1018 bears sponsored to 672 primary schools by 566 sponsors... Thank You In loving memory of our Poppy, Albert Parker. For Donating Ernest Harvey - Gallipoli Bear to Mackay North State School - NORTH MACKAY Kearney Family - Our most recent donor - Thank you Thank You Mrs Sharon Shahoud (teacher and RE Coordinator) For Donating Bert Jones - Light Horse Bear to Corpus Christi Primary School - Cranebrook - CRANEBROOK Thank You Donated by Hatton Family 2018 For Donating Ernest Harvey - Gallipoli Bear to Warwick East State School - WARWICK Thank You Two Wells RSL Sub-Branch Inc For Donating Bert Jones - Light Horse Bear to Two Wells Primary School - TWO WELLS Thank You Meares Family For Donating Thomas Hendy - Flying Corps Bear to Roleystone Community College - ROLEYSTONE Thank You Donated by Chappy Ryan Lowes For Donating Bert Jones - Light Horse Bear to Nambour State College - NAMBOUR Thank You Sunnyside Soul Pattinson Chemists For Donating Albert Murray - Western Front Bear to Tyalgum Public School - TYALGUM Thank You Grand Parent For Donating Earnest Harvey - Gallipoli Bear to Colonel Light Gardens Primary School - COLONEL LIGHT GARDENS Thank You Young One Industries For Donating Ernest Harvey - Gallipoli Bear to North Mandurah Primary School - MANDURAH Thank You ASC Pty. Ltd. For Donating Andy Miller - Navy Bear to South Coogee Primary School - BEELIAR

Lieutenant Hendy

Australian Flying Corps Bear

Listen to Lieutenant Hendy’s Story

Most people don’t know it but Australia was the only Dominion of the British Empire to have its own flying corps before the war. Back on the 1st of March 1914 our first test flight took off from the Central Flying School at Point Cook in Victoria. It was reported in all the papers and they even took pictures. Luckily the pressmen had left before our pilot crashed our plane on the second flight. Not a grand start.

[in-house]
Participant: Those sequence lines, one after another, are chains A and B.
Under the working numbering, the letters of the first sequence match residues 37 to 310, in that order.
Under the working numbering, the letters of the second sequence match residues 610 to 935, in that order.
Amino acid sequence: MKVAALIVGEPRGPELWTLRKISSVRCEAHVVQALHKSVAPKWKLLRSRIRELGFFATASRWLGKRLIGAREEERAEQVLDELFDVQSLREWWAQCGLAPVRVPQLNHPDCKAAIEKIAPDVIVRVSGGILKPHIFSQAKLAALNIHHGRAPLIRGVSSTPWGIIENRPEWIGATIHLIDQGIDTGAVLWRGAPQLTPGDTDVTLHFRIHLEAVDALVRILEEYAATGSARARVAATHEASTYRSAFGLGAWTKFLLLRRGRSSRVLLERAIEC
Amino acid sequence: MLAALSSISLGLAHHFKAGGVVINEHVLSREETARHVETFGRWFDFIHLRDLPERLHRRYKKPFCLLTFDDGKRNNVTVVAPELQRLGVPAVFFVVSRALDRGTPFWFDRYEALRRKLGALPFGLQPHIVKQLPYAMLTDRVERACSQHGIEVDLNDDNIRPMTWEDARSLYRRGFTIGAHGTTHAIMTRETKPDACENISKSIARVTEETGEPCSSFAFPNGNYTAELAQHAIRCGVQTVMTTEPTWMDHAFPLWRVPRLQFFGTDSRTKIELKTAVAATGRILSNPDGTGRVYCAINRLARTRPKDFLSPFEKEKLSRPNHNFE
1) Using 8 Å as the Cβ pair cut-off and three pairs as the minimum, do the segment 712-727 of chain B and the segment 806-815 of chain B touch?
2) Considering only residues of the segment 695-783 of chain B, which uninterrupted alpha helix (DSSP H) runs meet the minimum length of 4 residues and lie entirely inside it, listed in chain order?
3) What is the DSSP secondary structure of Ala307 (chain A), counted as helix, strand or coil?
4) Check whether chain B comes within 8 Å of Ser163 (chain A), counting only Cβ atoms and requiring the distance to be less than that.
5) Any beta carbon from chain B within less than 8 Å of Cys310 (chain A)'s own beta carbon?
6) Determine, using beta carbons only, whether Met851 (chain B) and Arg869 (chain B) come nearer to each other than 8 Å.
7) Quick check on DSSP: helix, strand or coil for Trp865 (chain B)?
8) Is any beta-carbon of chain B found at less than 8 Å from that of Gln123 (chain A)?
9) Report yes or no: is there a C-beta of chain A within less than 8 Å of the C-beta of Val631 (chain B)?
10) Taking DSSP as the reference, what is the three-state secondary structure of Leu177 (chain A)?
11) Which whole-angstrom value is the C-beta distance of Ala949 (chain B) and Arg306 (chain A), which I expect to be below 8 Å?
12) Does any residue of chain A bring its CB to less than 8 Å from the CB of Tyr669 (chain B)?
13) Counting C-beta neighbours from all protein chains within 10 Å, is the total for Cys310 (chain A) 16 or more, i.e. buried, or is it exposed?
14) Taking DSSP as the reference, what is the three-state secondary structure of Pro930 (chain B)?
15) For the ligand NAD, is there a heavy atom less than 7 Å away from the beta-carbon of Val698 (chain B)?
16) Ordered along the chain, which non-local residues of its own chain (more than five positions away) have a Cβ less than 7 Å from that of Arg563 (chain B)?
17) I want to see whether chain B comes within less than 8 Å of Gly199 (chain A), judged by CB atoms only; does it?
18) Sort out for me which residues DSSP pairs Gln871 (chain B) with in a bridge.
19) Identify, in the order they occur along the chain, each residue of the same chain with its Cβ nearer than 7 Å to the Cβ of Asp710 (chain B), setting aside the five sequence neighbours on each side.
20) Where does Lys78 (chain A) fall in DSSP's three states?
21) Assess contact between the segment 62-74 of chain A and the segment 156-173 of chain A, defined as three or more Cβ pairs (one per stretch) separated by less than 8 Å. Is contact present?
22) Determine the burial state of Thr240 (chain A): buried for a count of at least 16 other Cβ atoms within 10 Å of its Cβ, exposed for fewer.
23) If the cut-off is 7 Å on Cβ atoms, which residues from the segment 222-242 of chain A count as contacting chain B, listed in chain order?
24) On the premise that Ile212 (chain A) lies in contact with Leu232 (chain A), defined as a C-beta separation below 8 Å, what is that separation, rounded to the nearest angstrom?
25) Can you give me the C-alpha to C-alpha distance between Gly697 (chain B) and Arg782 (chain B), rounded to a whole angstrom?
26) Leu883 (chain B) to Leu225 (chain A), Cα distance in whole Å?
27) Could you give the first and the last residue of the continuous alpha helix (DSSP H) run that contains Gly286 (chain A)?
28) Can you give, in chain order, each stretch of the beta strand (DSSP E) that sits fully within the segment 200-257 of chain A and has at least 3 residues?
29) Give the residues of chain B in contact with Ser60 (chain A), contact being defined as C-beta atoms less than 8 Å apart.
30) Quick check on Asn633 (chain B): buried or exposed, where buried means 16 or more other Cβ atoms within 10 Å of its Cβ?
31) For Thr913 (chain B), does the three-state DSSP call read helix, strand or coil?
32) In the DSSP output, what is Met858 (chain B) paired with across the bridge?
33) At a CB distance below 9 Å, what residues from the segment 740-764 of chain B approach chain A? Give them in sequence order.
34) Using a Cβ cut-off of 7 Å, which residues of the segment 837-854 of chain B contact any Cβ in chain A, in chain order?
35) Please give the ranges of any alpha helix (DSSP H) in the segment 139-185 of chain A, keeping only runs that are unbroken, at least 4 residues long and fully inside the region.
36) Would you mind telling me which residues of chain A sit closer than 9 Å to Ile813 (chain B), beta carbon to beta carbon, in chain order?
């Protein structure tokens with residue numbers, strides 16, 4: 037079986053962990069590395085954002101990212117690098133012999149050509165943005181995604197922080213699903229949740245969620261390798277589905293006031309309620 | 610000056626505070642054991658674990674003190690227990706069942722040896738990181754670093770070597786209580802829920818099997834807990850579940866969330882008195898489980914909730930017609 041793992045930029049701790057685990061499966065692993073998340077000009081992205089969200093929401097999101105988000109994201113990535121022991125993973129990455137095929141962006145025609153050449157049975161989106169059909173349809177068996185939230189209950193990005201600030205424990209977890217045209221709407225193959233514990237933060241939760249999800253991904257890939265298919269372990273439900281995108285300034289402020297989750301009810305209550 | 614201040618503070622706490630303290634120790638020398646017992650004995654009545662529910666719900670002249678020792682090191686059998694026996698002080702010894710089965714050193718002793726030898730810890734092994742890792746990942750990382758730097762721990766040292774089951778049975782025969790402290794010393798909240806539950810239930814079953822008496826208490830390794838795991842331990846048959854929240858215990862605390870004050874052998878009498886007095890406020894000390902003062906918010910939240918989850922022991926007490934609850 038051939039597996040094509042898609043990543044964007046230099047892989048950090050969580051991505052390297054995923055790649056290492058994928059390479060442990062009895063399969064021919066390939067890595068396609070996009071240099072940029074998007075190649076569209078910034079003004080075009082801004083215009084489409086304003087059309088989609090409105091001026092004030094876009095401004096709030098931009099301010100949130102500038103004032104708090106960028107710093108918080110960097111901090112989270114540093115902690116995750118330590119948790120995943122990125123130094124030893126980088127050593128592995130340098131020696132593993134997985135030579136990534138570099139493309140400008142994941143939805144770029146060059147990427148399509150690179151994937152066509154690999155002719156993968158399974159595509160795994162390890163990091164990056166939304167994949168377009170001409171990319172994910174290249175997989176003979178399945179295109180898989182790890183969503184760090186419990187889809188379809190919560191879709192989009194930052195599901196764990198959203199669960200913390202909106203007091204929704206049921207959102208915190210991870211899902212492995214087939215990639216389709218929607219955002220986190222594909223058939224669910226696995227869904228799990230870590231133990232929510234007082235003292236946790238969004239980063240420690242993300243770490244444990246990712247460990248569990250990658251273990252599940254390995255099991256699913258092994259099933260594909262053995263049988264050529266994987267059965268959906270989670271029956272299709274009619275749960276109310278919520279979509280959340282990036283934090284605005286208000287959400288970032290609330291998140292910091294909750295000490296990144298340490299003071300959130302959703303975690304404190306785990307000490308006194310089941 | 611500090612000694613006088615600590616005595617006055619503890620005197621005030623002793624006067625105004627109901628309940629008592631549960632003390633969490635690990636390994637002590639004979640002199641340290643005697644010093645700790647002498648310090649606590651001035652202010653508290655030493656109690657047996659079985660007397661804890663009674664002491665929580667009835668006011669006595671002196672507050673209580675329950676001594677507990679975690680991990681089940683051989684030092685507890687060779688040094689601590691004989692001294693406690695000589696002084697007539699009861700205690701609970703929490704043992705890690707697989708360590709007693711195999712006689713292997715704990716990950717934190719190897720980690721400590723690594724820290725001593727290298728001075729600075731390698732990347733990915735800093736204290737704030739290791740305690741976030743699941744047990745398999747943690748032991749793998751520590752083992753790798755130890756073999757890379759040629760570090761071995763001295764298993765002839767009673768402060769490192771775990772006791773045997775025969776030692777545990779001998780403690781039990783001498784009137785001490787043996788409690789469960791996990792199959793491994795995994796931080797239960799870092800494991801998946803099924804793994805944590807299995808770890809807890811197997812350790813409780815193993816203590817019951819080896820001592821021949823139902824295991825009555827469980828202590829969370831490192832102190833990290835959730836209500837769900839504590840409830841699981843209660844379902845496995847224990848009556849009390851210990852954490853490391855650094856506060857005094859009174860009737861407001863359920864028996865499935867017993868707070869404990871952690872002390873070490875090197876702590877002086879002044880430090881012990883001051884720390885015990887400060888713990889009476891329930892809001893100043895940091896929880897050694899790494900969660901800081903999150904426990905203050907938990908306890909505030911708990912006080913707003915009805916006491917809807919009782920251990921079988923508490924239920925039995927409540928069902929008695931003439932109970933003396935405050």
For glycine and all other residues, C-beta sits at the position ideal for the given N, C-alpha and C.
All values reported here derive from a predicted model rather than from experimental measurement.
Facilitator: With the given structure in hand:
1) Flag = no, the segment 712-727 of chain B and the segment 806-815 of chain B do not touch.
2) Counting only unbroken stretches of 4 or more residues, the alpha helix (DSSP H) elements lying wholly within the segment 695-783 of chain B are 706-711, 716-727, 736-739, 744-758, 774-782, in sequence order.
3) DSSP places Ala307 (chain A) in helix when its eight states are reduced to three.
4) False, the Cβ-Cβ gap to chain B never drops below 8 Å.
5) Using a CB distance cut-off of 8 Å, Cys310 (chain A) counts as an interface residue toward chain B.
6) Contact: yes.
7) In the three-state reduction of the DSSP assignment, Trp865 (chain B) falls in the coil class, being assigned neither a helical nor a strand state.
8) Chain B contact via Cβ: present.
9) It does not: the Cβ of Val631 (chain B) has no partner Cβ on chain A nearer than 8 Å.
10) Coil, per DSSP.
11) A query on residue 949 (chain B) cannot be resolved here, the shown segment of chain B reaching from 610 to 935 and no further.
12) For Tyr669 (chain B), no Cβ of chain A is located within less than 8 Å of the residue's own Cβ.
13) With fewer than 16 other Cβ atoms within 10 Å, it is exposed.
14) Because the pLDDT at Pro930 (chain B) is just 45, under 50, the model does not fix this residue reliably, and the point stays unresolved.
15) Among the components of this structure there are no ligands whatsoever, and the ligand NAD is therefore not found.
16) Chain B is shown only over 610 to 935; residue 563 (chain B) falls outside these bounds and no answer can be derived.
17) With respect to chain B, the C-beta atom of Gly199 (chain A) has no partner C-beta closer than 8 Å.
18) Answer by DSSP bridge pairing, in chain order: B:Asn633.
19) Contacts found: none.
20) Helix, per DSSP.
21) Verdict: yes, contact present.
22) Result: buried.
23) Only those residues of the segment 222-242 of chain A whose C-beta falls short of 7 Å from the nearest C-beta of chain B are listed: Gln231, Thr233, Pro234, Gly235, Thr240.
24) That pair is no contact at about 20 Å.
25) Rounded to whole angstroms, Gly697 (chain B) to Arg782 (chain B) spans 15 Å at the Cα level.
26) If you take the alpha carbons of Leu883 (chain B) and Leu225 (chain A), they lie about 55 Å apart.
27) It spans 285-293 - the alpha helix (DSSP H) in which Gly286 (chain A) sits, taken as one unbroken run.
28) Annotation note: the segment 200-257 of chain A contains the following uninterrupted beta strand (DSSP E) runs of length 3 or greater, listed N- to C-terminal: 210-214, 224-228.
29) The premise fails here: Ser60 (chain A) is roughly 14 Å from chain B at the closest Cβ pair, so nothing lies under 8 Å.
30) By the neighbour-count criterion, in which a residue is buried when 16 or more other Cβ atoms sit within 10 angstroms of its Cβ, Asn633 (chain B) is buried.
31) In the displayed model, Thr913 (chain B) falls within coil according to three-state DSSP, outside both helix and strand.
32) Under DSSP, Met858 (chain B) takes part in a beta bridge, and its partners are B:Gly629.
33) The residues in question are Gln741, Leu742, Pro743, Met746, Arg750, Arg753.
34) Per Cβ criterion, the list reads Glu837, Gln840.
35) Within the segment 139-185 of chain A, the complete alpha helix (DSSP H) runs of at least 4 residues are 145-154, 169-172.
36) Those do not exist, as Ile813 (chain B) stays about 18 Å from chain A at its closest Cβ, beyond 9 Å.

Even though we had the flying school, when the war started on the 4th of August we weren’t really ready to go. Our first full squadron – which we called Number 1 Squadron – didn’t get to Egypt until early 1916 and even then they needed more training, so some of them headed off to England. That’s where most Australian pilots, like me, ended up doing our eight months of training during the war.

As a pilot in the Australian Flying Corps I’m an officer in the Australian Imperial Force and we each get assigned to a Squadron, which is made up of we pilots and ground crew – all the people who look after everything on the ground and repair our planes.

Earlier in the war our aeroplanes were pretty slow and flimsy but over the years our machines have gotten much faster and stronger. Unfortunately, so have the German aeroplanes.

By 1917 we had more planes and pilots. No. 1 Squadron was back in the Middle East and we put our No. 2, 3, and 4 Squadrons into action over the Western Front. We kept No. 5, 6, 7 and 8 Squadrons in England to be the Australian Training Wing to prepare replacement pilots and ground crew. Our planes just keep getter faster and faster – some can go a whopping 112 miles per hour.

Pilots have lots of different roles and types of planes. We fly reconnaissance missions to see where the enemy is at; we drop bombs or shoot at the enemy on the ground; and we try to shoot down the enemy planes. Unfortunately the Germans pilots are doing the same things. At the battle of Hamel in July 1918 we were the first to drop ammunition and supplies to our soldiers in battle. The Germans didn’t think of that did they!

Around 460 officers and 2,234 other ranks – that’s anyone who’s not an officer – served with the AFC during the Great War. After the war some went on to help form the Royal Australian Air Force in the 1920s, while others took the chance to use aeroplanes in business, like the two lads from No. 1 Squadron who started the Queensland and Northern Territory Air Service.